The New Zealand Dental Services
In selecting non-technical staff for the Corps, the policy was to look for keen men of a reasonable standard of education and personal cleanliness, fit to work in a hospital team. The choice was limited by the needs of the combatant units, for whereas dentists and mechanics naturally gravitated towards the Dental Corps whatever their medical grading, untrained men who were medically Grade I could not often be spared for a non-combatant unit such as the NZDC. There were, however, many men graded II for slight abnormalities sufficient to disqualify them for service in a combatant unit who were of a sufficient standard of physical fitness to make them valuable members of the NZDC. It was perhaps not fully appreciated at first to what extent the NZDC would be employed and the high standard of fitness required of those serving in a field ambulance or a mobile dental unit, but it was realised that there must be Grade I men to accompany the NZDC overseas. The result during the first ten months of the war, when all the men were voluntary enlistments, was that Grade II men welcomed the opportunity to serve with the NZDC but Grade I men were difficult to get, as the choice of orderlies for service overseas was limited by the large amount of work the NZDC had to do in New Zealand.
There were certain key men who should not be called nontechnical. Men with a knowledge of dental stock, such as employees of supply houses, were the natural choice for NCOs in charge of stores, but these were hard to get as they could ill be spared from page 36 their civilian occupations. Most of the stores NCOs were trained in the Corps after serving as dental orderlies. Men with the capacity for leadership were needed as administrative NCOs. Again, these mostly proved their worth as dental orderlies and rose in rank and authority according to merit, as there were very few men who had had experience in the Territorial Dental Corps from whom to chose.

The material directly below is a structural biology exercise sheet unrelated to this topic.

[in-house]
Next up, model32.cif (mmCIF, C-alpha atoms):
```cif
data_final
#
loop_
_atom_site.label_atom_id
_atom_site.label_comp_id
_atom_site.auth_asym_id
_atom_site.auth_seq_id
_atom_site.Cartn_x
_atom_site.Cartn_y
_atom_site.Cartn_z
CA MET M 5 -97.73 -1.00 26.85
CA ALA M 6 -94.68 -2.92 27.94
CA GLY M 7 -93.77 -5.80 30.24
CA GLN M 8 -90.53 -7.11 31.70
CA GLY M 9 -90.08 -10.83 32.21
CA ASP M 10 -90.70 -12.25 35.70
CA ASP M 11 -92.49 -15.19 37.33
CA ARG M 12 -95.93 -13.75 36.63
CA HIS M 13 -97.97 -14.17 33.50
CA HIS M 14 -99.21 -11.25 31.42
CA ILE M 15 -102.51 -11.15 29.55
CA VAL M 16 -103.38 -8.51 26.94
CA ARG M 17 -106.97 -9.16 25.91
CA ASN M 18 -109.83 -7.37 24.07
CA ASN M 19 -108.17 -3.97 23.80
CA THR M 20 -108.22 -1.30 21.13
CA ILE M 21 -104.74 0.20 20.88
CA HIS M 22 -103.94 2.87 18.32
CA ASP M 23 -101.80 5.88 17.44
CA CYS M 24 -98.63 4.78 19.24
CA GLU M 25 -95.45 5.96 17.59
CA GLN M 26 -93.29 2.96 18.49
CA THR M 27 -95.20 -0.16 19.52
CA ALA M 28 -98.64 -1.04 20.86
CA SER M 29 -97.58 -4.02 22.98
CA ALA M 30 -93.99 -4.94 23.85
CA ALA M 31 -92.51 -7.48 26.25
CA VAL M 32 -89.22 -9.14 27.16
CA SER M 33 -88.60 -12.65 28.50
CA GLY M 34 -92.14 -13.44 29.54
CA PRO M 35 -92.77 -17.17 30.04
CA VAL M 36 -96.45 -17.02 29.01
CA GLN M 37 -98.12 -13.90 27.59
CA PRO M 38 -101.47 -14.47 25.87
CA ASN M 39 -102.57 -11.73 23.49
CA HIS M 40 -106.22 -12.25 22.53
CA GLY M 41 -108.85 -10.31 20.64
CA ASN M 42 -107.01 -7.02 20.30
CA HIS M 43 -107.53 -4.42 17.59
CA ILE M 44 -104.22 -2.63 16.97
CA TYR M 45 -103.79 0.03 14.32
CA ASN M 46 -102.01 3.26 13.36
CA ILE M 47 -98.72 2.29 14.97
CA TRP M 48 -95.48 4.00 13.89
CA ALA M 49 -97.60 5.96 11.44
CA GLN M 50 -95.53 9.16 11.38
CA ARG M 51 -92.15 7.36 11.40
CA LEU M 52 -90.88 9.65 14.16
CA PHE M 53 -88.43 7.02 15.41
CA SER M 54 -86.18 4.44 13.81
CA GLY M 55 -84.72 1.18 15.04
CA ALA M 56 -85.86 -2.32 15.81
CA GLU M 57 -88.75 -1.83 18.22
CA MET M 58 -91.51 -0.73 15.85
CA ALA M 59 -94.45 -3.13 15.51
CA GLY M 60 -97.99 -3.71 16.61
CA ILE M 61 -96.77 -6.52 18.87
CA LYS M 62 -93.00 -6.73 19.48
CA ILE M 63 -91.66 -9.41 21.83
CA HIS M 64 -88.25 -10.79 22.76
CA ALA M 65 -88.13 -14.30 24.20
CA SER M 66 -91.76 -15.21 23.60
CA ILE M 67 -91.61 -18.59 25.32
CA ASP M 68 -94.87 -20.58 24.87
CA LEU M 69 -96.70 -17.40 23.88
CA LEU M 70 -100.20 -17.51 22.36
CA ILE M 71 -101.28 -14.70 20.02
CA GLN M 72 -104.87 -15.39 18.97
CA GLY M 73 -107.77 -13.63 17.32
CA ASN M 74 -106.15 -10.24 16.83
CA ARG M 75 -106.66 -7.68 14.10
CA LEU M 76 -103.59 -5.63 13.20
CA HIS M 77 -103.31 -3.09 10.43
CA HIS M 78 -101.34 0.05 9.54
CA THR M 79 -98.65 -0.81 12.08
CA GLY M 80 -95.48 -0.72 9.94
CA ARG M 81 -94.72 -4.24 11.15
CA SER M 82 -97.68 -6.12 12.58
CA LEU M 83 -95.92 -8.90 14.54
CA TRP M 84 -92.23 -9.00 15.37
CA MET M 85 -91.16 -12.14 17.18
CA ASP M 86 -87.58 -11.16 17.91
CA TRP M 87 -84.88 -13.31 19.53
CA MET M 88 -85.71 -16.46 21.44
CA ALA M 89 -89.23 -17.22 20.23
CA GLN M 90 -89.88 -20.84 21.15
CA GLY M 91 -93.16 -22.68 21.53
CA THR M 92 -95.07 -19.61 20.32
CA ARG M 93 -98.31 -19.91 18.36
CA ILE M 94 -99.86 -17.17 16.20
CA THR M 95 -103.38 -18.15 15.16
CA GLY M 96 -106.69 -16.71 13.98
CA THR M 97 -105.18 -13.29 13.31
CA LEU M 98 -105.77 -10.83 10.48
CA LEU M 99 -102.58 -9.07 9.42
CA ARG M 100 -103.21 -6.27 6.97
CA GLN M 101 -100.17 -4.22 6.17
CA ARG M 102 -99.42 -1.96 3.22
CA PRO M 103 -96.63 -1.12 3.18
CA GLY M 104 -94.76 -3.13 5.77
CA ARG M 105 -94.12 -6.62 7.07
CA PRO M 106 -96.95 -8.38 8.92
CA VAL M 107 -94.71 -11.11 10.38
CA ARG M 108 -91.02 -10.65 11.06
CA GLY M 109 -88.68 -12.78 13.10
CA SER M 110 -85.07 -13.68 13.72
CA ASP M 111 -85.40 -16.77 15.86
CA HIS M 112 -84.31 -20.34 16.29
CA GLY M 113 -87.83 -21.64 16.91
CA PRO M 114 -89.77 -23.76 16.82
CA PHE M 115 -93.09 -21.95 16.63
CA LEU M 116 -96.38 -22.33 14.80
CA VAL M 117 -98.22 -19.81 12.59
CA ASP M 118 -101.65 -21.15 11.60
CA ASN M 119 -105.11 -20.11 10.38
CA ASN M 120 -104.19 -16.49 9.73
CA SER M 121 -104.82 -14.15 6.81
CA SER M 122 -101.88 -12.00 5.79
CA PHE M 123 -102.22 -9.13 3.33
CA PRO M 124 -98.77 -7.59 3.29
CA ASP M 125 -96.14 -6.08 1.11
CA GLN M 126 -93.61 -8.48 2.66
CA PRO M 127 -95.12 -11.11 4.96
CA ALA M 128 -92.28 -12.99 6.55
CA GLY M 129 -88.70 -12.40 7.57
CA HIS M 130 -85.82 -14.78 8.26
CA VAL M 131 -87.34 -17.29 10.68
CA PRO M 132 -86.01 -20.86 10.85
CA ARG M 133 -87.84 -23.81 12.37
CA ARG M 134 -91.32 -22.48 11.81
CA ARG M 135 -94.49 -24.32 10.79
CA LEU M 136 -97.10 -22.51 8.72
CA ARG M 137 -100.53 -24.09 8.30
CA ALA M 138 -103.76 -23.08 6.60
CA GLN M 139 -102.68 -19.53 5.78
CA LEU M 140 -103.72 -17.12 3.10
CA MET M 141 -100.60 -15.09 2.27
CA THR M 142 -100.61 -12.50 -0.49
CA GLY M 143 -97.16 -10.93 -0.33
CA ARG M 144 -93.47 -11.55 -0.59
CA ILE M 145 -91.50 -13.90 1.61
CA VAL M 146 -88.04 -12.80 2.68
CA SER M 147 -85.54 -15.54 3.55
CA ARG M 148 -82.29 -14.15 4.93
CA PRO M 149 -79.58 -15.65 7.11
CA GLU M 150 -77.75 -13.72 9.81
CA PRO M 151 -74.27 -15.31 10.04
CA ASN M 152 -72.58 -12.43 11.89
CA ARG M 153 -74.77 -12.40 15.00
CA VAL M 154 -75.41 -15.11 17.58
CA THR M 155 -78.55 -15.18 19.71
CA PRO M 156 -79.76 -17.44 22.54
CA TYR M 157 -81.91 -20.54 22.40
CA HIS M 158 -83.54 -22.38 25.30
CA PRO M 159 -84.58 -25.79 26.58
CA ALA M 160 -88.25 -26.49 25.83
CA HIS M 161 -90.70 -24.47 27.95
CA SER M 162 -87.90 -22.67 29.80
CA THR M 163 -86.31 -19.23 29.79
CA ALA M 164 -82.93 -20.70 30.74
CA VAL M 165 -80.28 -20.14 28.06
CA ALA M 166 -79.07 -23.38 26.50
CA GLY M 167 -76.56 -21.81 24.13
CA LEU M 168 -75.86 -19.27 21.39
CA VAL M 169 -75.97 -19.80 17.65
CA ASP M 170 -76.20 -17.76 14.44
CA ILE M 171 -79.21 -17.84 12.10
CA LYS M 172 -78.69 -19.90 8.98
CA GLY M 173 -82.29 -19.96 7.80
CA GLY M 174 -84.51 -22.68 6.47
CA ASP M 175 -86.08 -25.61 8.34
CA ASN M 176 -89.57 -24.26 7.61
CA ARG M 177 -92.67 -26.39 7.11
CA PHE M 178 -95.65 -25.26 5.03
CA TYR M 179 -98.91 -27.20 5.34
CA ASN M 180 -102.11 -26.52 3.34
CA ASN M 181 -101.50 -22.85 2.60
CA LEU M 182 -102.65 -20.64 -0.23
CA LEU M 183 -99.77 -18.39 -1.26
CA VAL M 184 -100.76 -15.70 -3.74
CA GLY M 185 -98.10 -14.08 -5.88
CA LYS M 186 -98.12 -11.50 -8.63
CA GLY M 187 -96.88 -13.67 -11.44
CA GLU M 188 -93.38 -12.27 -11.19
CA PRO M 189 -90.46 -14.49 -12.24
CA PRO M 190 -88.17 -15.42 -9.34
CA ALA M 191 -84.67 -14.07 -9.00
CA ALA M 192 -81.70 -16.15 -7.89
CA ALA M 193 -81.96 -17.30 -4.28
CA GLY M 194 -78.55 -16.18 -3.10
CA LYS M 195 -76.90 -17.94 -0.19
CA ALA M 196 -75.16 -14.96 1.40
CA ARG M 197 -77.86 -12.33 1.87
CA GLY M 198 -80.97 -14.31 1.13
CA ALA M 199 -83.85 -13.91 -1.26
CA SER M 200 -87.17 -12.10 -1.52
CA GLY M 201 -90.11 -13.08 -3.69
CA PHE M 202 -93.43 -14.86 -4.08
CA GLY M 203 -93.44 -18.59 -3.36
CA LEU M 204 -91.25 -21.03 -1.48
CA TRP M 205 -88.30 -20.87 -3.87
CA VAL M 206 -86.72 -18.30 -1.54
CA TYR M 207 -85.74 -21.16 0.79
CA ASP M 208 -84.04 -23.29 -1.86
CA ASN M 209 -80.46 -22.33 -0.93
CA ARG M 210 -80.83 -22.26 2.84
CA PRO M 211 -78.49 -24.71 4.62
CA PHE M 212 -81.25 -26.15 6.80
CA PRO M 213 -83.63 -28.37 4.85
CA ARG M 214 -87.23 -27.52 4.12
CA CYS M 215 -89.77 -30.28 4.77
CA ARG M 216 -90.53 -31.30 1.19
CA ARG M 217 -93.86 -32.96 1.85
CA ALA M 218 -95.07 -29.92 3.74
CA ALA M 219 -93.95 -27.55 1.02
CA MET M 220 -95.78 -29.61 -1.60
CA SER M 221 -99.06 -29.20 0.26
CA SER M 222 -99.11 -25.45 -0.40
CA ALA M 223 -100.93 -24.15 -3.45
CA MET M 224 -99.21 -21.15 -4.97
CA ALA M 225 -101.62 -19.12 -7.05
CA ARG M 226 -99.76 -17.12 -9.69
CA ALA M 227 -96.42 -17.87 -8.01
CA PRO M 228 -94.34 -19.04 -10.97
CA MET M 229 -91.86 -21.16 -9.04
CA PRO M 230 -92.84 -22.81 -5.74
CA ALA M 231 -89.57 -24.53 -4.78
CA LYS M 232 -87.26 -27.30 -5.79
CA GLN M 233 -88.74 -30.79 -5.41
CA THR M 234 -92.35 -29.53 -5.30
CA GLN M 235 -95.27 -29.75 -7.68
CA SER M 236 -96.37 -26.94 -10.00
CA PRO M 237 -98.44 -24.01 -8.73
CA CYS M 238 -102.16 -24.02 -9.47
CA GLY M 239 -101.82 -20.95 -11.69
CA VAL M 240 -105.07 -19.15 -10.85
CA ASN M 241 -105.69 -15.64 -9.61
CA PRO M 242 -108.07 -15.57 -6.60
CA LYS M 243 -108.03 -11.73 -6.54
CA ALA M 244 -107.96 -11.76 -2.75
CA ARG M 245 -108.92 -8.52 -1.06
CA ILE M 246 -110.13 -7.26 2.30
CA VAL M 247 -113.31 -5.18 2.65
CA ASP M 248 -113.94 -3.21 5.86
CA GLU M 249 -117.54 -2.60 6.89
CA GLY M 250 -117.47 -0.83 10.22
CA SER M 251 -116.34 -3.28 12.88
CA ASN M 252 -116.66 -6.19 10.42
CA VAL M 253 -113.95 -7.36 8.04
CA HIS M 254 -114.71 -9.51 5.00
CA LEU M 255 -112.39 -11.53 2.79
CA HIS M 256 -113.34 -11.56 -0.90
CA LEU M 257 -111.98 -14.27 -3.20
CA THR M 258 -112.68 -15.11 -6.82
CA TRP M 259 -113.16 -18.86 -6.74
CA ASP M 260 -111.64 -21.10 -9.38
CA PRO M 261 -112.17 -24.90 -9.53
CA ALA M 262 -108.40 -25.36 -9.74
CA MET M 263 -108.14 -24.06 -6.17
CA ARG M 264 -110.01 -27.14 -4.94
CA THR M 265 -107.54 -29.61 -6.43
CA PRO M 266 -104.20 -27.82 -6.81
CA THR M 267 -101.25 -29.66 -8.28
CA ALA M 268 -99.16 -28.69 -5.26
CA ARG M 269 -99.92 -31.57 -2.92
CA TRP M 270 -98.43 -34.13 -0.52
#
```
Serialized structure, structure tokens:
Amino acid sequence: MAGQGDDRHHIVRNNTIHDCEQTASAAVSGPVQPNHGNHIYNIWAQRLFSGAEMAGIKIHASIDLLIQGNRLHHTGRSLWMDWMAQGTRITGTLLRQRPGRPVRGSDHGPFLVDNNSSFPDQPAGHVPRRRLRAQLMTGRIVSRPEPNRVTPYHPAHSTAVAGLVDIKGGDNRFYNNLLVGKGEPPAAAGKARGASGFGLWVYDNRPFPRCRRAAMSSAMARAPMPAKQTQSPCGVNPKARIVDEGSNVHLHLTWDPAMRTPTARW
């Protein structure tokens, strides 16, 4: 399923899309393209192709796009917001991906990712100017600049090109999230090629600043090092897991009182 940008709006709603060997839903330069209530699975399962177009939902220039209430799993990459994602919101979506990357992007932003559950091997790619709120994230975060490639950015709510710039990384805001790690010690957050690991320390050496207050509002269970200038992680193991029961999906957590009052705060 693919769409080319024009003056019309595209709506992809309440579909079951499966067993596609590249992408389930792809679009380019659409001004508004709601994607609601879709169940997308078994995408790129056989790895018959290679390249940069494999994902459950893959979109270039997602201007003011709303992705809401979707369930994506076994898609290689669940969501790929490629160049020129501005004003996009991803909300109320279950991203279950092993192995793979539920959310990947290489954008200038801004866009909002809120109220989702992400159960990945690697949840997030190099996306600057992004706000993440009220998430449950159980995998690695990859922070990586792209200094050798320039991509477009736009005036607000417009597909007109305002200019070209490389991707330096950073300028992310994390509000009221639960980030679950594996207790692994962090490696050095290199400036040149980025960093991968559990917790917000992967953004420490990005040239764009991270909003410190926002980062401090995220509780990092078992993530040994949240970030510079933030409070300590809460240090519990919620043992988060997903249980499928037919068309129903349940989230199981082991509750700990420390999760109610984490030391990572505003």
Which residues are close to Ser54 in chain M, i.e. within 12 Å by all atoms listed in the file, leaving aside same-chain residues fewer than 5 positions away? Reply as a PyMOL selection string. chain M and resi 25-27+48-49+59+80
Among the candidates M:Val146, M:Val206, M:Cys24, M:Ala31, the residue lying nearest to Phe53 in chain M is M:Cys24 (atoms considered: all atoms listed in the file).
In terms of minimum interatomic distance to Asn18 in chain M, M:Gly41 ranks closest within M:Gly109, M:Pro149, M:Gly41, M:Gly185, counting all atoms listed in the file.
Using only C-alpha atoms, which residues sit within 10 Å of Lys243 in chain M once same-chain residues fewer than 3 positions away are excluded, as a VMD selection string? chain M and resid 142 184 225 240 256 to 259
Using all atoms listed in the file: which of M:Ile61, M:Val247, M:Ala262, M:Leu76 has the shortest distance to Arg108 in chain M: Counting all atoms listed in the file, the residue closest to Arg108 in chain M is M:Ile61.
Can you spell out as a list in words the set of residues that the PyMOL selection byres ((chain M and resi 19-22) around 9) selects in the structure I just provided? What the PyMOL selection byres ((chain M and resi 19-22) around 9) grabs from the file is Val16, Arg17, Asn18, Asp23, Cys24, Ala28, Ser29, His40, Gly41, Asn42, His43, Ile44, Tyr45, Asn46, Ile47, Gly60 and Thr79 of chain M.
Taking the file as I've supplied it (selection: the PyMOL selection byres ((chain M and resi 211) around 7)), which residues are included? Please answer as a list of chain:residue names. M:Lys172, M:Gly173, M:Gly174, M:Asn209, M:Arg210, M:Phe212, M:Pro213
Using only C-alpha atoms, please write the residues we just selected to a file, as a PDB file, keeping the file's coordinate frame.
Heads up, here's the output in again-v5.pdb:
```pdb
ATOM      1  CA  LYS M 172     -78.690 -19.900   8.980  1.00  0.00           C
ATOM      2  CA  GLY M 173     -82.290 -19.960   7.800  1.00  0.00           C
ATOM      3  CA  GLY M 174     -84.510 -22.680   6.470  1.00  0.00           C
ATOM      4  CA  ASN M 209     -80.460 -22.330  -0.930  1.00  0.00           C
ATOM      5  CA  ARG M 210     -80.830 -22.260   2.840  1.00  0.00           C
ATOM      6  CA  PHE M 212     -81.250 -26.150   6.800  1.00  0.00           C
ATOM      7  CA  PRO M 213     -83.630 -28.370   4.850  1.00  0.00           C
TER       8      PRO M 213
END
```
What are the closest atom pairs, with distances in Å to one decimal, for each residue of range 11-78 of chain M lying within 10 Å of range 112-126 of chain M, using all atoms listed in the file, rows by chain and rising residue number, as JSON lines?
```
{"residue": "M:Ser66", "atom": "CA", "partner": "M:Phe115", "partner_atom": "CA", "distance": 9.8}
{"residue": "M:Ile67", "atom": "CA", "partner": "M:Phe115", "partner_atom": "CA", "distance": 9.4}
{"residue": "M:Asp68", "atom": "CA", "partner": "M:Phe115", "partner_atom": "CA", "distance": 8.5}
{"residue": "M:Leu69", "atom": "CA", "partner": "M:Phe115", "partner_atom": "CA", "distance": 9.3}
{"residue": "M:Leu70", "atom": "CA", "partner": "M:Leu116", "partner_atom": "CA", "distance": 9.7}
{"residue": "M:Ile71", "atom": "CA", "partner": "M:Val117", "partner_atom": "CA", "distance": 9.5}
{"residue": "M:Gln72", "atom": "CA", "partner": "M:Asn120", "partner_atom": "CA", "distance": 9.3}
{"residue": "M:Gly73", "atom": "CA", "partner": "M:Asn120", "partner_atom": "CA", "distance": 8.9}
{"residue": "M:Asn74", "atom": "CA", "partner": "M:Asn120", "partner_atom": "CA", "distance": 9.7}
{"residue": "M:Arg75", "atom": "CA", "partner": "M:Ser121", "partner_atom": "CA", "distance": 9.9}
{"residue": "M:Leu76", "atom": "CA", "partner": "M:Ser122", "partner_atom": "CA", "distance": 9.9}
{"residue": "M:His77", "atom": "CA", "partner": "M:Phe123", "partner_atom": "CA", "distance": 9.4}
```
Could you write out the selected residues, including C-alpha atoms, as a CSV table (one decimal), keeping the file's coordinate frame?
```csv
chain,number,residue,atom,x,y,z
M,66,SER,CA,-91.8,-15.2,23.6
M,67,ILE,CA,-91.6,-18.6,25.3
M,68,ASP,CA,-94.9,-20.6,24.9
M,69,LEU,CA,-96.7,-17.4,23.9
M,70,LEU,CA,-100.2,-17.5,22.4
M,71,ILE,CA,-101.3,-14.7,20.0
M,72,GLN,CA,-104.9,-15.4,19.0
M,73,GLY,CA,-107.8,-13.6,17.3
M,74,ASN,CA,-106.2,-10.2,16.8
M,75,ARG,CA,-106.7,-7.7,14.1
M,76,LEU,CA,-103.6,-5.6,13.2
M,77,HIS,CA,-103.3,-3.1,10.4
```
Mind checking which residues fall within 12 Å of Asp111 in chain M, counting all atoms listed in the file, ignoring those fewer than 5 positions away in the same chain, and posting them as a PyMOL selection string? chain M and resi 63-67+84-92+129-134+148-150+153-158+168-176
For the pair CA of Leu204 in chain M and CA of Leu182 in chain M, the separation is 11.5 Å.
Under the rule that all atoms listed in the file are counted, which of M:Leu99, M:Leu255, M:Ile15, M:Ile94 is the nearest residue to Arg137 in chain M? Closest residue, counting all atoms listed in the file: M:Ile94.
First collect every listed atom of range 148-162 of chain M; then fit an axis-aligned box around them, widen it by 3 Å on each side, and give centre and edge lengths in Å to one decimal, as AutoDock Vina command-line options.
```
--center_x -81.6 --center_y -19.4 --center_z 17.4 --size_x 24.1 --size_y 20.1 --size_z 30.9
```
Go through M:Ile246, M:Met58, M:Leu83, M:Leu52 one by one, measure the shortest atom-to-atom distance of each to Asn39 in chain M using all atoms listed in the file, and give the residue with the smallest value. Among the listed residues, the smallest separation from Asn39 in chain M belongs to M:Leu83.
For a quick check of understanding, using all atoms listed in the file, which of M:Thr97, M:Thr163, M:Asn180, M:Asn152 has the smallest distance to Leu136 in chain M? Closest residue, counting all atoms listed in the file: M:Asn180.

The general selection of orderlies in the early part of the war was excellent and to those who served in New Zealand and overseas in the NZDC can be attributed much of the success of the Corps in the war. There were difficulties at a later date when the Dental Corps, in common with other non-combatant units, had to absorb its share of pacifists and objectors, but the constitution of the Corps was then sufficiently strong to do this without serious indigestion.
The obvious course of employing women in the camp dental hospitals to release men for service overseas and in the mobile units in the field was delayed by prejudice from the more conservative of the military authorities, and it was nearly eighteen months after the declaration of war before serious consideration was given to this prolific source. Before this no facilities existed for women in camp except for nursing sisters, and even the welcome invasions by concert parties arrived under strong duennal escort. Appropriately it was the youngest service which made the first move to use women as dental orderlies, as selection of suitable girls to join the Women's Auxiliary Air Force began in July 1941. The type sought was those who were ‘bright and quick in the uptake but not necessarily with previous dental experience’. Added incentive was given by arranging classes of instruction by dental officers to qualify them to sit for trade tests which gave extra status and, of course, extra pay. Later the Navy and the Army used girls of the Women's Royal New Zealand Naval Service and the Women's Army Auxiliary Corps. There is no doubt about the success of the women as dental orderlies, and some were even trained as dental mechanics in the NZDC training schools. Some adjustment of existing establishments was necessary as it was not considered right to ask for the same amount of work from the women as was expected from the men. The proportion was fixed at three women to replace two men.